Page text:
Sack Mr Bernanke

I fail to see how anyone can claim that the Fed or the Bank of England have been well run in recent years. We have just lived through the biggest boom and bust in money policy we have ever seen. The two main Central Banks that caused the blow up and then supervised the collapse should take the blame.

I appreciate Mr Bernanke was not primarily responsible for the build up of excess credit, but he was responsible for the bust phase. He should be replaced with someone who forecast the recession and demanded earlier action to deal with it.


  1. Stuart Fairney
    January 25, 2010

    Does the logic of your article not also demand Mr King and the MPC also be sacked?

    Reply: I have made no secret of my wish to see changes at the MPC!

  2. Stronghold Barricade
    January 25, 2010

    I also think that Mr King should have already gone, together with the MPC and the the financial regulators

    Clear the boards to signal a new beginning

    But then I would have let the banks fail too, as the only salutary lesson that the capitalist bankers would understand. The system would have rebuilt itself by now and we'd have competition. The toxic debt would have been isolated, and all those profitable bits from HBOS and RBS would have been plucked

    We are where we are, and the zombie banks must pay us back before we cast them out and never ring fence their exploits again

  3. APL
    January 25, 2010

    JR: "I appreciate Mr Bernanke was not primarily responsible for the build up of excess credit, but he was responsible for the bust phase."

    Bernanke makes much of his study of the Great depression. I did not realise he did so to better replicate the conditions of the last century GD as soon as possible this century.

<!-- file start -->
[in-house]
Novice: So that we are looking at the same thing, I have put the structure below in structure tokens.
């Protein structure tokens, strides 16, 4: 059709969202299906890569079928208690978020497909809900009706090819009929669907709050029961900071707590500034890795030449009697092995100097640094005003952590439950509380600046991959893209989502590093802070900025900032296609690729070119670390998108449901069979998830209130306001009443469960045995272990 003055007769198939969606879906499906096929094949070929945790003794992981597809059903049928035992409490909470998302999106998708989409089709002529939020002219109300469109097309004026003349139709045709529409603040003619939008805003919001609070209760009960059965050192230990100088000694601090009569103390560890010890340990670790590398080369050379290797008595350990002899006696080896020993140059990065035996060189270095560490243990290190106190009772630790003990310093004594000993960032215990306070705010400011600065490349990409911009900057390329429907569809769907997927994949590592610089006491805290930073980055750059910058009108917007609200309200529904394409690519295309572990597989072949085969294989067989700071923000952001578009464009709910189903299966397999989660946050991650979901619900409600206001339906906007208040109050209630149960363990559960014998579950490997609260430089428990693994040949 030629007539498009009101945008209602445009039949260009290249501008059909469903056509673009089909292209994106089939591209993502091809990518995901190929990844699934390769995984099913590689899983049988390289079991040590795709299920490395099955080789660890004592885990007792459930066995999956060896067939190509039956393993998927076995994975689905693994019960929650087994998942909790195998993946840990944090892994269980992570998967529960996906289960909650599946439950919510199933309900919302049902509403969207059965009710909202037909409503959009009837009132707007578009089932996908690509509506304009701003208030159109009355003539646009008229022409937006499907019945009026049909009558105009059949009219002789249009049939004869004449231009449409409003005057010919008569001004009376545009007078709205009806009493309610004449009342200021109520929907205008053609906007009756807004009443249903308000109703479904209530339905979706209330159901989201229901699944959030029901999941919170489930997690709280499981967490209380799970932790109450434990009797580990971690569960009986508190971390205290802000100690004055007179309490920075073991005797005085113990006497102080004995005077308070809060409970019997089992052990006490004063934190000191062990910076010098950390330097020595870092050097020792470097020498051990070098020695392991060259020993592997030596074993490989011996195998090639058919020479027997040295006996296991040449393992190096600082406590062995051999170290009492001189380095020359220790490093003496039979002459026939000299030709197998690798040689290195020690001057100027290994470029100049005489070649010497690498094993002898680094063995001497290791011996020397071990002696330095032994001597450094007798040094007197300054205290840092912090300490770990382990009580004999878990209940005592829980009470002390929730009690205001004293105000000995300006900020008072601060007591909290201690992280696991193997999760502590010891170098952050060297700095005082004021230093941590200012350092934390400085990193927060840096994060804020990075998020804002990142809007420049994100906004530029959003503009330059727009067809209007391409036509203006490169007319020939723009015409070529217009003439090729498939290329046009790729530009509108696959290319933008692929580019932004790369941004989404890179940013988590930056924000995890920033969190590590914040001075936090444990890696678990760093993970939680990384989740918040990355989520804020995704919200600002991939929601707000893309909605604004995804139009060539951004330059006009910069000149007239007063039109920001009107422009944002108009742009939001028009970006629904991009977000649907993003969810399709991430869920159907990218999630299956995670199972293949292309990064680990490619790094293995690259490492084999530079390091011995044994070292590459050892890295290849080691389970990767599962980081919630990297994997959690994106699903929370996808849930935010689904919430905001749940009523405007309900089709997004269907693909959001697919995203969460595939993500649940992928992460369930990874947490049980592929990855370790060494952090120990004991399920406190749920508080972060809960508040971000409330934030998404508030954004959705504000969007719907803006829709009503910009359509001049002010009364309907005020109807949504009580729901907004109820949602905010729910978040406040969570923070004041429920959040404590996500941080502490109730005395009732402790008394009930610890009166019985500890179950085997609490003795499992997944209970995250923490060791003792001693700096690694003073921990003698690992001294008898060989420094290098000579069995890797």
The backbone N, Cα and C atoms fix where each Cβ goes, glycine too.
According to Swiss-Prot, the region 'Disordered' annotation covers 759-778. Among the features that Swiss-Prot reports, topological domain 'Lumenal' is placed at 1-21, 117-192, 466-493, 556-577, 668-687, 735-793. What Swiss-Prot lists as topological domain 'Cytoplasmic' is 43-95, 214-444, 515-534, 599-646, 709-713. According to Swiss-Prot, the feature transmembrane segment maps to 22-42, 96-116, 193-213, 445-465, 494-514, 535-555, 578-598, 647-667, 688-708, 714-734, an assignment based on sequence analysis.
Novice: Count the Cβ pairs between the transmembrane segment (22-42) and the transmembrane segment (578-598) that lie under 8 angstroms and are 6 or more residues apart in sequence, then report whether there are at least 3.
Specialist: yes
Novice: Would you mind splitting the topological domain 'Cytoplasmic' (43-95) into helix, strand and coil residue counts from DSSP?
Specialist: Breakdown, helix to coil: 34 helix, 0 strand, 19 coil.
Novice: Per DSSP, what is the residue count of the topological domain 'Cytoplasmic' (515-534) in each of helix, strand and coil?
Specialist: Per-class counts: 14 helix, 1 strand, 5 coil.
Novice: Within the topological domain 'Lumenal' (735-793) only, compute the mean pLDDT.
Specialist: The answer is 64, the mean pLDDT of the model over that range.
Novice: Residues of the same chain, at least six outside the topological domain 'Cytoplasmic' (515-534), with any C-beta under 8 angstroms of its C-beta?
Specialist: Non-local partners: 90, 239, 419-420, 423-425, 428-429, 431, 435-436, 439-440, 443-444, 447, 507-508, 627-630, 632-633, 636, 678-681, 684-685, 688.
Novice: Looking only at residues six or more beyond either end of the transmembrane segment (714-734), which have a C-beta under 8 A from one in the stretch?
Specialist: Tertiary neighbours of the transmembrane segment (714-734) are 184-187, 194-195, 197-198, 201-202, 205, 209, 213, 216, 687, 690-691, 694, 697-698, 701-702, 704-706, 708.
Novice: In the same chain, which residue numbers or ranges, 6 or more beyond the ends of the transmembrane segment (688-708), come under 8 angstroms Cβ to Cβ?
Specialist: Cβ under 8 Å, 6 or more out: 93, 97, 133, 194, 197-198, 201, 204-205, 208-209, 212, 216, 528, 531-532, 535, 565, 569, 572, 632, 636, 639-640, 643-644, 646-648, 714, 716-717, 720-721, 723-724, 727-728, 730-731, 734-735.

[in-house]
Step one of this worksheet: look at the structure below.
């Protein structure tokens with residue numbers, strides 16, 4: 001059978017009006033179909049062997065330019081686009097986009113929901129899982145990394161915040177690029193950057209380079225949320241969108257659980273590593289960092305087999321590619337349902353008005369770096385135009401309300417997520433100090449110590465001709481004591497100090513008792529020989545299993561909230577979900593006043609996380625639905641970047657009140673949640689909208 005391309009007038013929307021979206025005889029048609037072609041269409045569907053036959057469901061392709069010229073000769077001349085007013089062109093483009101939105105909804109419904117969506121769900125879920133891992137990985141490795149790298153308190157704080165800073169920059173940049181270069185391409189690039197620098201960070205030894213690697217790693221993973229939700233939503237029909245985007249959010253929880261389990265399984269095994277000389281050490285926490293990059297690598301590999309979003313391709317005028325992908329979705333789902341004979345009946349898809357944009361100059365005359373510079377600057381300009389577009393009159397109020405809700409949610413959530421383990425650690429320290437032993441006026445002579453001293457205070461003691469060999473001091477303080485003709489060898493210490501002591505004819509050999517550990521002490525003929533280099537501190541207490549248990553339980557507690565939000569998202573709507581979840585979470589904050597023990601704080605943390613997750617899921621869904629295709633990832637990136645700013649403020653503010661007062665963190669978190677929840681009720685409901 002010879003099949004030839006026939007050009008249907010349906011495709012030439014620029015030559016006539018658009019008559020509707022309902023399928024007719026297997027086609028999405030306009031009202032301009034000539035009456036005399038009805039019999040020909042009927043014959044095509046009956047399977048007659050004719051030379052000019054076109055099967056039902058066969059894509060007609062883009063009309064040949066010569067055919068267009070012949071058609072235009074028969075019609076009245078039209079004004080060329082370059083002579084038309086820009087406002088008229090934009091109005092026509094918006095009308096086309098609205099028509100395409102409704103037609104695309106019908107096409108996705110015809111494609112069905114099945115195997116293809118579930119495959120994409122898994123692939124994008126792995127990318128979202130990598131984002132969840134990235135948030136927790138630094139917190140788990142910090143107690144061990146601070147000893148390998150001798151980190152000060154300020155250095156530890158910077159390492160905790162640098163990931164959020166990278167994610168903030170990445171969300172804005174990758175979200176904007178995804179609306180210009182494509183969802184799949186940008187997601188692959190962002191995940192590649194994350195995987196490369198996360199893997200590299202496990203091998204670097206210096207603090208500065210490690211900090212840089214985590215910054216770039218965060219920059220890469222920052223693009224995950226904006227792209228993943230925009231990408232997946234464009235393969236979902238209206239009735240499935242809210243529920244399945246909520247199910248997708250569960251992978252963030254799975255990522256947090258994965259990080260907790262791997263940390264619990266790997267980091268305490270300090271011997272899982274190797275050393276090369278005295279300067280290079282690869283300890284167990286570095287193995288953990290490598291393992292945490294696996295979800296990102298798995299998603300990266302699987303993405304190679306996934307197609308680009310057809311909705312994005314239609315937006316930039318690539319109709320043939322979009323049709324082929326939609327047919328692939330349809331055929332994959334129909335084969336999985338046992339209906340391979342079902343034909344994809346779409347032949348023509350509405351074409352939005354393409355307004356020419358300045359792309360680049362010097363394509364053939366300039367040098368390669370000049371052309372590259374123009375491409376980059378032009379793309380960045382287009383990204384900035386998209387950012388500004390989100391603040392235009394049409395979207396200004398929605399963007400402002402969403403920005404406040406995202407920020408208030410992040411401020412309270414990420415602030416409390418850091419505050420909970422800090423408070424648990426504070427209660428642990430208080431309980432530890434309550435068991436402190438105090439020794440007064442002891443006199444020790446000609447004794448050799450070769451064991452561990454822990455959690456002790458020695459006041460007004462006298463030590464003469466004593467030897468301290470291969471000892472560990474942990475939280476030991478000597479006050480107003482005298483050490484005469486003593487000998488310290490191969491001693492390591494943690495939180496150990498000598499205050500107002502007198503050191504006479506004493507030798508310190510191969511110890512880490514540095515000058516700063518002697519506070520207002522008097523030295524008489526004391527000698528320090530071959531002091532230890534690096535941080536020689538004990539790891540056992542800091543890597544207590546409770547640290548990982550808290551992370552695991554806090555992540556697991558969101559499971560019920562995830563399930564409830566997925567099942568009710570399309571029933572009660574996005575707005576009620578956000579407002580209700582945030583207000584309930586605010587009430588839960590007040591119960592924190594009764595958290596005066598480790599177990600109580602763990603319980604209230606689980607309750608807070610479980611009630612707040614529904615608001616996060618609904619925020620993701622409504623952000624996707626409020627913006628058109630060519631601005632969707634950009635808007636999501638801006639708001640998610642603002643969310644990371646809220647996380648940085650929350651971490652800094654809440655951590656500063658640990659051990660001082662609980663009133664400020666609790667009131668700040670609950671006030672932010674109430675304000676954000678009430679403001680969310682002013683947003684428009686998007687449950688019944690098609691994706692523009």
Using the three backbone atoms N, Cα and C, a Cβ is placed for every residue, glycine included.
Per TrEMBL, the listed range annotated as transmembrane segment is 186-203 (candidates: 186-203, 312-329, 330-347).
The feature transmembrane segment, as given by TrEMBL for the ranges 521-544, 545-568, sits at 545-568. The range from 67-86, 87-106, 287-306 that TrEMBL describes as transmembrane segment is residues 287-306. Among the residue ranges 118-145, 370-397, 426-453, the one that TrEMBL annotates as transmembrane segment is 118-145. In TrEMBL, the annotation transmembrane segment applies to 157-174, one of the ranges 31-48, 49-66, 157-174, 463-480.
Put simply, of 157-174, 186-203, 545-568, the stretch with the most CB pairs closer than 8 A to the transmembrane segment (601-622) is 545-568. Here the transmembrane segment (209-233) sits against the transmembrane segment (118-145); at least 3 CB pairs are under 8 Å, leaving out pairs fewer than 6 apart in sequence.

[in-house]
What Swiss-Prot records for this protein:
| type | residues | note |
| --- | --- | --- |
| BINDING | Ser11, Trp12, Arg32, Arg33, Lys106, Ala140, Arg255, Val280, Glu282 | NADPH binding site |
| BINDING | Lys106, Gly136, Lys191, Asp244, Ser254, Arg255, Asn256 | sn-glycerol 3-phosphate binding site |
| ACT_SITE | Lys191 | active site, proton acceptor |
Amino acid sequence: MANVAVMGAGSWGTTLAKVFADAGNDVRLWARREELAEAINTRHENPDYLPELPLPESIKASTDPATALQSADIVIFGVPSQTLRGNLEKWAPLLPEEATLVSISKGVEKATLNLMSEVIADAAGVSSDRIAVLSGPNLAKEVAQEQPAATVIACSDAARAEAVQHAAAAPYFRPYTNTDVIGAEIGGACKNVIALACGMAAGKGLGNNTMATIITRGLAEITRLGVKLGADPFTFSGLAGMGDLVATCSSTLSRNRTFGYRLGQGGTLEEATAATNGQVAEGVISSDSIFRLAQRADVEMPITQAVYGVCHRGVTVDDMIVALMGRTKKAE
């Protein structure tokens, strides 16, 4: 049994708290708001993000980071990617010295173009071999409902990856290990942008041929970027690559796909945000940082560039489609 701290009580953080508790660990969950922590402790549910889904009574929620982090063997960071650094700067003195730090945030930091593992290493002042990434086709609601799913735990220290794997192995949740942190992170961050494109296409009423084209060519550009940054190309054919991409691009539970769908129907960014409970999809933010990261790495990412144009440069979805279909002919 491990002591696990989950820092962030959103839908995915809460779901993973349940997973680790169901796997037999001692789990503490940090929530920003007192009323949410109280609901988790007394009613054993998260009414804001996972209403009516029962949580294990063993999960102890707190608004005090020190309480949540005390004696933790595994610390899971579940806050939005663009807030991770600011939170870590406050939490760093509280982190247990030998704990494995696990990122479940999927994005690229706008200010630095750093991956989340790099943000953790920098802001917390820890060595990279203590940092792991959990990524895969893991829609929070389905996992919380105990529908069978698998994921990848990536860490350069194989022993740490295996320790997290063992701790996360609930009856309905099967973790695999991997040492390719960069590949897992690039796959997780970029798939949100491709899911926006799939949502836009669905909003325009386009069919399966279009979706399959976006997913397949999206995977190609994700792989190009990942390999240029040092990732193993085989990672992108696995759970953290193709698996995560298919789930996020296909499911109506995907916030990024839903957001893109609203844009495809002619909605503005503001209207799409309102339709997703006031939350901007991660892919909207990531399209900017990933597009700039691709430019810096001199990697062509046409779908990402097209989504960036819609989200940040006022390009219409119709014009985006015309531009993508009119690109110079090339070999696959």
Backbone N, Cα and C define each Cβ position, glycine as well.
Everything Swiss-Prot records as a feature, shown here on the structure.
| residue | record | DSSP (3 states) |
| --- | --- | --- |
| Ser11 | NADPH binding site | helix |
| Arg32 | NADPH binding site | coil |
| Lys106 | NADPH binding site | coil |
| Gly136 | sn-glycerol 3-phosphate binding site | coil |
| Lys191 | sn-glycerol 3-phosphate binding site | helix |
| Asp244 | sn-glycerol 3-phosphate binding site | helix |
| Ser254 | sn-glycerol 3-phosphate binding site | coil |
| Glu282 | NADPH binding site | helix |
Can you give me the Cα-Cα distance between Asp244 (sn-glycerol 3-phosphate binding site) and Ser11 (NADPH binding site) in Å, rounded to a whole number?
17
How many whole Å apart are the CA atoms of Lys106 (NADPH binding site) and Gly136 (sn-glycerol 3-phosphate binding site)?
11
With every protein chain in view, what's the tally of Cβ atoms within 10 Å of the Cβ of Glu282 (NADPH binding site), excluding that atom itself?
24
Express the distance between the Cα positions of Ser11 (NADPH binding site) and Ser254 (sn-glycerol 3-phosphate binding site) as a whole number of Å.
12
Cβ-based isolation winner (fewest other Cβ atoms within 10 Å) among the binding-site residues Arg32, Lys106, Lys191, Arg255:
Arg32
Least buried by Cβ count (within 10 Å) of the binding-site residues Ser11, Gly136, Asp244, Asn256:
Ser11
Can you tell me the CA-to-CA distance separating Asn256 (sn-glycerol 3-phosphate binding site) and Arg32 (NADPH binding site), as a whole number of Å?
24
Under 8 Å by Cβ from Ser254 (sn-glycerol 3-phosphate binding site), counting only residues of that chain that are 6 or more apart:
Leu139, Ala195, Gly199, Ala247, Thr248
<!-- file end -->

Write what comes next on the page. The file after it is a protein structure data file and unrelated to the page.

This one shoud be called – The Greenspan Benanke depression.

  4. Citizen Responsible
    January 25, 2010

    Ben Bernanke was first appointed chairman of the Fed by President Bush and nominated for a second term by President Obama. He has been criticised for not seeing the recession coming, reducing interest rates to almost zero, steering the Fed to finance the mortgage market, and burdening the US taxpayer with huge bills for bailouts. The parallels with the UK Treasury’s behavior are obvious. Like Gordon Brown, he talks up the economy (which is part of his job) – it’s always jam tomorrow. But the question remains, can any nation borrow and spend its way out of a recession?

    1. APL
      January 25, 2010

      Citizen Responsible: "can any nation borrow and spend its way out of a recession?"

      Japan has a head start on us. They have been trying to stave off the recession for a decade now.

      Like us they have accumulated huge public debts, like us their demographics are unfavourable with an ageing population and declining tax base leading to greater demands on the public purse.

      They have at least one advantage we do not, their population is still relatively homogenious, they may find commonality in a crisis and pull together, ours is already fractured along ethnic, religious lines.

      I fear we will find out which model is best fitted to deal with a crisis. A homogenious monocultural society like Japan, or the engineered hetrogenious multiculti society the Socialists have wrought for us here.

  5. Michael Lewis
    January 25, 2010

    Amen to that.

    Mervyn King should walk away too. Helicopter Ben, I think he only knows how to print money…

  6. Guy de Moubray
    January 25, 2010

    As I have said before, Governors of Central Banks should not be economists. If they were "political economists" it would be alright, like my former boss the late Per Jacobsson – such a wise man. Modern economists, like "climate scientists", are too hooked on computer models and lack common sense. Thank God I didn't have a computer when I was Head of the Economic Section of the Bank of England in 1963/5.

    1. alan jutson
      January 26, 2010

      Guy de Moubray

      Hooray, another person who believes that computers do not have to rule your personal life or work.